WILMINGTON – Exposing students to a second language at a young age is a growing trend in classrooms across the state. In 2005, there were only seven schools statewide with dual language immersion programs. Now, close to 50 schools across North Carolina offer the opportunity to become bilingual and biliterate in two languages.
This year, Forest Hill Elementary in Wilmington started New Hanover County's first Spanish-English immersion program for kindergartners.
For the students, singing a song, saying hello and learning to count in Spanish is just as common as speaking in English. Students get lessons in Spanish every morning and learn English in the afternoon in order to become proficient in both languages.
Spanish teacher Martine Allison said this is the perfect age to get started.
"They're just developing their language skills and their reading skills. So it's a perfect time in their development, because they're sponges," explained Allison, who helped start the program this year. "They just soak it all up."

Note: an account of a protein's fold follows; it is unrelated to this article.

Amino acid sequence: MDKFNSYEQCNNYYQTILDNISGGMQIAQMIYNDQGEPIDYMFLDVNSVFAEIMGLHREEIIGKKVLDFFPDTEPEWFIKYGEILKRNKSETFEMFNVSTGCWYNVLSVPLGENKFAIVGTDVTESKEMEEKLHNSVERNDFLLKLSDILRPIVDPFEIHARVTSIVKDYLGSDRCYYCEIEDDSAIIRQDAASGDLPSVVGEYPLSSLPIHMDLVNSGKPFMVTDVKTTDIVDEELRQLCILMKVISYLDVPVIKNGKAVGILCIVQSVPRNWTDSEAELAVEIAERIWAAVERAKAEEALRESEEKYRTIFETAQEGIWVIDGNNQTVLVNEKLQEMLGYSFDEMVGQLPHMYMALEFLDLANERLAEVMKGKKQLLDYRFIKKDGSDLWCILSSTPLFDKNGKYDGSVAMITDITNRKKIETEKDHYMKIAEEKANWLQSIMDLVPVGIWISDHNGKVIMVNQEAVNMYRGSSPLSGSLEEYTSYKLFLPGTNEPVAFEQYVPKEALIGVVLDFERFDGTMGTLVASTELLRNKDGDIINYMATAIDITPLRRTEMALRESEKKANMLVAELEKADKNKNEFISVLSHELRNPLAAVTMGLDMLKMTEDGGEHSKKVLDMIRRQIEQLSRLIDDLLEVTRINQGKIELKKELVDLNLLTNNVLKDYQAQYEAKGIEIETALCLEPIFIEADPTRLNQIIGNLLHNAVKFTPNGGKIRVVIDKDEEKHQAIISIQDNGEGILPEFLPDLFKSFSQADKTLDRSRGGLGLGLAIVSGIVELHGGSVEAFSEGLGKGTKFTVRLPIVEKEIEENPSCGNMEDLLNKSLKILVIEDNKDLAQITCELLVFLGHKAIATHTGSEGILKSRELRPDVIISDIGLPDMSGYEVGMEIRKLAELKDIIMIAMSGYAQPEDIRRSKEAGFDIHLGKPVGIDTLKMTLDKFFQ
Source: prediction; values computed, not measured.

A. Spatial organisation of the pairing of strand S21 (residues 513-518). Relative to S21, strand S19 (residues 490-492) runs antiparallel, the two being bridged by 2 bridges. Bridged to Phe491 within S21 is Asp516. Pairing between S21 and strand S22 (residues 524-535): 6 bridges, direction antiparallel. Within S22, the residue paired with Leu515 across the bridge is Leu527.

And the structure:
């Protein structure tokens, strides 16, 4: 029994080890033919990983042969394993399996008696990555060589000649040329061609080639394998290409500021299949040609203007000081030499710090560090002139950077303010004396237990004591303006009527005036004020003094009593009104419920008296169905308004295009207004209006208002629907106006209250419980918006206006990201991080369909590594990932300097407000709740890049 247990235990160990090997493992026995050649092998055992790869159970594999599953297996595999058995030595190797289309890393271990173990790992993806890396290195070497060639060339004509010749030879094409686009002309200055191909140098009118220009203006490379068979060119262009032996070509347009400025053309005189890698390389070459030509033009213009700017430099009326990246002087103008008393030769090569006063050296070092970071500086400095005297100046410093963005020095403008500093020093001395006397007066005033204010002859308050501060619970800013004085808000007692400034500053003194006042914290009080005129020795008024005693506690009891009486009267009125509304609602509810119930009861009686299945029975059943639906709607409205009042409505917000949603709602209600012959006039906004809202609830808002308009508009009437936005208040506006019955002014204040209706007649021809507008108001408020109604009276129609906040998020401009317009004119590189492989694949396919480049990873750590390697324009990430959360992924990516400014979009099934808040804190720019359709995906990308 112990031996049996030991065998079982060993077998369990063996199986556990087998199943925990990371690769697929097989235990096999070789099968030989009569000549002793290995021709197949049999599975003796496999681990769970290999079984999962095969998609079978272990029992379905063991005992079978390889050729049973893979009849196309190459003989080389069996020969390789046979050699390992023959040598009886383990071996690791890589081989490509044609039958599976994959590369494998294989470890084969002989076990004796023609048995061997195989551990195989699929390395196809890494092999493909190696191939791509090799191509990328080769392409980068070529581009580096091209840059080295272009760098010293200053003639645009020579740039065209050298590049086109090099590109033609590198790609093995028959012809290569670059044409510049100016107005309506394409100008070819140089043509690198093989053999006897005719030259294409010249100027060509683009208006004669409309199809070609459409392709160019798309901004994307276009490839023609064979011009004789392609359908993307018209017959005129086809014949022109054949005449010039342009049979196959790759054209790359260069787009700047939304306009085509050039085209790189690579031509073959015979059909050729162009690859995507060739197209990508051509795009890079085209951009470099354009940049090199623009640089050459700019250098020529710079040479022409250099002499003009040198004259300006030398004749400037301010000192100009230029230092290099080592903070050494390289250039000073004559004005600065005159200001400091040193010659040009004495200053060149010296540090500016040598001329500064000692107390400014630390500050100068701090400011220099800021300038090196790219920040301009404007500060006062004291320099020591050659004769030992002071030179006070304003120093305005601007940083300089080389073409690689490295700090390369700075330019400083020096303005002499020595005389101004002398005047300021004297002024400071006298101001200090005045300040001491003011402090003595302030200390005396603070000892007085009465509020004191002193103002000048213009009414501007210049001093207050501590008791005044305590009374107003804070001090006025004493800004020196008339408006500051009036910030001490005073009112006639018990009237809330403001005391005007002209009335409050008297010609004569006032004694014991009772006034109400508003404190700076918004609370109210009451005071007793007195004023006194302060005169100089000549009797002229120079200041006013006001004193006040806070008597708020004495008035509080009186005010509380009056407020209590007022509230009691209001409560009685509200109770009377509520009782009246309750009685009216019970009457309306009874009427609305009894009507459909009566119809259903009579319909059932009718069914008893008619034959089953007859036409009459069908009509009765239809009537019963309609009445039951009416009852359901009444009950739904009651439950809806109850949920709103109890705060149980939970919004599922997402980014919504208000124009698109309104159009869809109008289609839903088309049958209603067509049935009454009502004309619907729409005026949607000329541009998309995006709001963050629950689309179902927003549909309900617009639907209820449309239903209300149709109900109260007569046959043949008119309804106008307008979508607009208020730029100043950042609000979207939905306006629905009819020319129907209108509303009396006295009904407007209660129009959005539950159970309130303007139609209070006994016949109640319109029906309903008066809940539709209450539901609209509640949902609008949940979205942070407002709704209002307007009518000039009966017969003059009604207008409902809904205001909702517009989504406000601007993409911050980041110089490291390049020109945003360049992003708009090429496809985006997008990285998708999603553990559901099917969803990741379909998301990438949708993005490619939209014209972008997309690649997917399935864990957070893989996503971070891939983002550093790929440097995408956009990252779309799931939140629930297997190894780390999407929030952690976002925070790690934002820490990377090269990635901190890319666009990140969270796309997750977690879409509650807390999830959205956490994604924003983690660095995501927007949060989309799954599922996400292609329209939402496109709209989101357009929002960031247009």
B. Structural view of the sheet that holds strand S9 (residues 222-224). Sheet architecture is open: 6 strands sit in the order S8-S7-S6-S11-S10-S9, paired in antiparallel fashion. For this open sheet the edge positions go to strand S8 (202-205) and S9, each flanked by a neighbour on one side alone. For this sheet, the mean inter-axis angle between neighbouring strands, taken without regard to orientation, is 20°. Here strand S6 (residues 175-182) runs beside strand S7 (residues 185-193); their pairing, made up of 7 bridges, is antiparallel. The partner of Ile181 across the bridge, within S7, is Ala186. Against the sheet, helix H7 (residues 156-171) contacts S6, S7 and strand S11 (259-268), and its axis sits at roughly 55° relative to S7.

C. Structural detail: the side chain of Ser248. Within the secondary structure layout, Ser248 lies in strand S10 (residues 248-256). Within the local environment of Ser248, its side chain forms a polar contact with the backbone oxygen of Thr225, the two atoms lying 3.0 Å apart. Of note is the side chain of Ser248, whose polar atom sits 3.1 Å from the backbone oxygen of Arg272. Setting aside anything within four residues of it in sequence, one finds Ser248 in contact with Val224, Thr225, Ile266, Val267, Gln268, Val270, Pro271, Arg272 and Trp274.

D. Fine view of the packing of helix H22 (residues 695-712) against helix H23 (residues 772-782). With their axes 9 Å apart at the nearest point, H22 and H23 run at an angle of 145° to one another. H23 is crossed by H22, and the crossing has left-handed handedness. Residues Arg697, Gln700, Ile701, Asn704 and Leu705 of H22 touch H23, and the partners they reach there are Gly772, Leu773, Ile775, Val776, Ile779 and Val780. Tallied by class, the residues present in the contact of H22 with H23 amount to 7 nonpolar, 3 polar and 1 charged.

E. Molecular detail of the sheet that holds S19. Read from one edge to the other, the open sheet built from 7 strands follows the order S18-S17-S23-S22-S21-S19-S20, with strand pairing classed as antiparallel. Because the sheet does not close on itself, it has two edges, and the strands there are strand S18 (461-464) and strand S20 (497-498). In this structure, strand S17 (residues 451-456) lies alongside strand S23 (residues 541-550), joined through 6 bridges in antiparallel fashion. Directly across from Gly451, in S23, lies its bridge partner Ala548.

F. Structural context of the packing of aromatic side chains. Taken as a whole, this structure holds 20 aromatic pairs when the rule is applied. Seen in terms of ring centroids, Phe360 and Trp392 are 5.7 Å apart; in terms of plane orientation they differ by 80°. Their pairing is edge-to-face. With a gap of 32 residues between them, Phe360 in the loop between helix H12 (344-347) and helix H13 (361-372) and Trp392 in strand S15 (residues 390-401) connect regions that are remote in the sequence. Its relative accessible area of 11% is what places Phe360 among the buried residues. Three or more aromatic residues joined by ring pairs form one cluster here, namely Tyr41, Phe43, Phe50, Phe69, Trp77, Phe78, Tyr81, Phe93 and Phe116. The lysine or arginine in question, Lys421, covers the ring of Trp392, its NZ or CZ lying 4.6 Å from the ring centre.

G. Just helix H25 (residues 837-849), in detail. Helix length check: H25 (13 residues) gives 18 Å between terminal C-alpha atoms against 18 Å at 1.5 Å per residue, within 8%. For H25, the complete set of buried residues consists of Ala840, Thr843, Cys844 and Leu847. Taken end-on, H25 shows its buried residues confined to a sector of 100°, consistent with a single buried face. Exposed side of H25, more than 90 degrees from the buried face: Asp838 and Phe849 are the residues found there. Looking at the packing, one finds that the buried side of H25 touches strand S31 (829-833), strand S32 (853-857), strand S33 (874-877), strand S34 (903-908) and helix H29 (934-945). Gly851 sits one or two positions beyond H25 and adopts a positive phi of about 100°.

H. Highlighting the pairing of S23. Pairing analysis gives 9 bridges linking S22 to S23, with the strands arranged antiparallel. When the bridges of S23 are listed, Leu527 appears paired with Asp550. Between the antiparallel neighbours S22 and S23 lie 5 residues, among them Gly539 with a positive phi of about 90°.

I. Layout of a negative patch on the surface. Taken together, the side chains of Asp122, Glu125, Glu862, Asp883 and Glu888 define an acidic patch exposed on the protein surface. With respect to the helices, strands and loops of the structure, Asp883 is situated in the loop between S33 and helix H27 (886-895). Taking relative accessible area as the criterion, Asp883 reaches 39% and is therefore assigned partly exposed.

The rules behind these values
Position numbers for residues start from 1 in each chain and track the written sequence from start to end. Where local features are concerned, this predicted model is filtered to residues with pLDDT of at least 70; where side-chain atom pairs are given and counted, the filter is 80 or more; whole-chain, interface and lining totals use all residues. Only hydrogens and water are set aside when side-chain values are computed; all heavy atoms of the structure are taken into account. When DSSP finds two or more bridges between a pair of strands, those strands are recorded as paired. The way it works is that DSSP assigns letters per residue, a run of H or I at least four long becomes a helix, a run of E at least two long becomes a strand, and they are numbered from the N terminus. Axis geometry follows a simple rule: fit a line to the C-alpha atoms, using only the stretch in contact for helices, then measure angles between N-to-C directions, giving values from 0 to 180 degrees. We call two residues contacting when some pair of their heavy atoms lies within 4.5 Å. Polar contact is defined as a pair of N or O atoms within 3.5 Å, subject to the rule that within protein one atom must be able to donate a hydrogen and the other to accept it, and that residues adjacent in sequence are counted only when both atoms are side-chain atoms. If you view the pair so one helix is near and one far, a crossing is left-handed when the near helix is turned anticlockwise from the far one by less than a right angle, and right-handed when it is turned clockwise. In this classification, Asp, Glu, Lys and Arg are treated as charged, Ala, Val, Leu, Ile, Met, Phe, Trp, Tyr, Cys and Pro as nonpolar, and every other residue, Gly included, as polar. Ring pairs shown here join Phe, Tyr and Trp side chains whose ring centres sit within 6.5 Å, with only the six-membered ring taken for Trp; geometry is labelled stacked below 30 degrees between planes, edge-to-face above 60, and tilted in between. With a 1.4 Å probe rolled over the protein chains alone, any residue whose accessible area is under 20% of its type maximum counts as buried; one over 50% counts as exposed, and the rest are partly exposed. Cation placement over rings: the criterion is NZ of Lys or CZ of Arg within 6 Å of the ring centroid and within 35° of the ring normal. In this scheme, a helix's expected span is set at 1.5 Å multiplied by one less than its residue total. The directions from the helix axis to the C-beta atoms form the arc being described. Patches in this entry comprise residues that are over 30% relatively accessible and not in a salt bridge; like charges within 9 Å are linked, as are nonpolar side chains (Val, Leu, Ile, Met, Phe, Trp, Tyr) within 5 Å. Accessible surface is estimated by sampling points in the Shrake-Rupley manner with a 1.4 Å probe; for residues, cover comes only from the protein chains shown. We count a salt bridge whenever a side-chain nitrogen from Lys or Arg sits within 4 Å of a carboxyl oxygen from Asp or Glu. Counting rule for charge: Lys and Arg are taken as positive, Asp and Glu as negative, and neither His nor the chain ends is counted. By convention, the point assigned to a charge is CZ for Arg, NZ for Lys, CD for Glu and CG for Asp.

At the beginning of the school year, many students didn't know a word of Spanish. Now they're talking, reading, writing and even teaching their parents a thing or two.
"I've taught them half of the alphabet and the song we sing in the morning," said student Christianna Averitt.
Students will continue the dual immersion program through at least fifth grade and possibly middle school giving them a real leg up in their future.
"By the end of fifth grade, they will have double the vocab[ulary], double the skills. They'll be able to apply two languages to every concept," said Allison.
Across North Carolina, schools offer dual immersion programs in seven different languages including German, Chinese and Japanese.
For more information about the program, click here.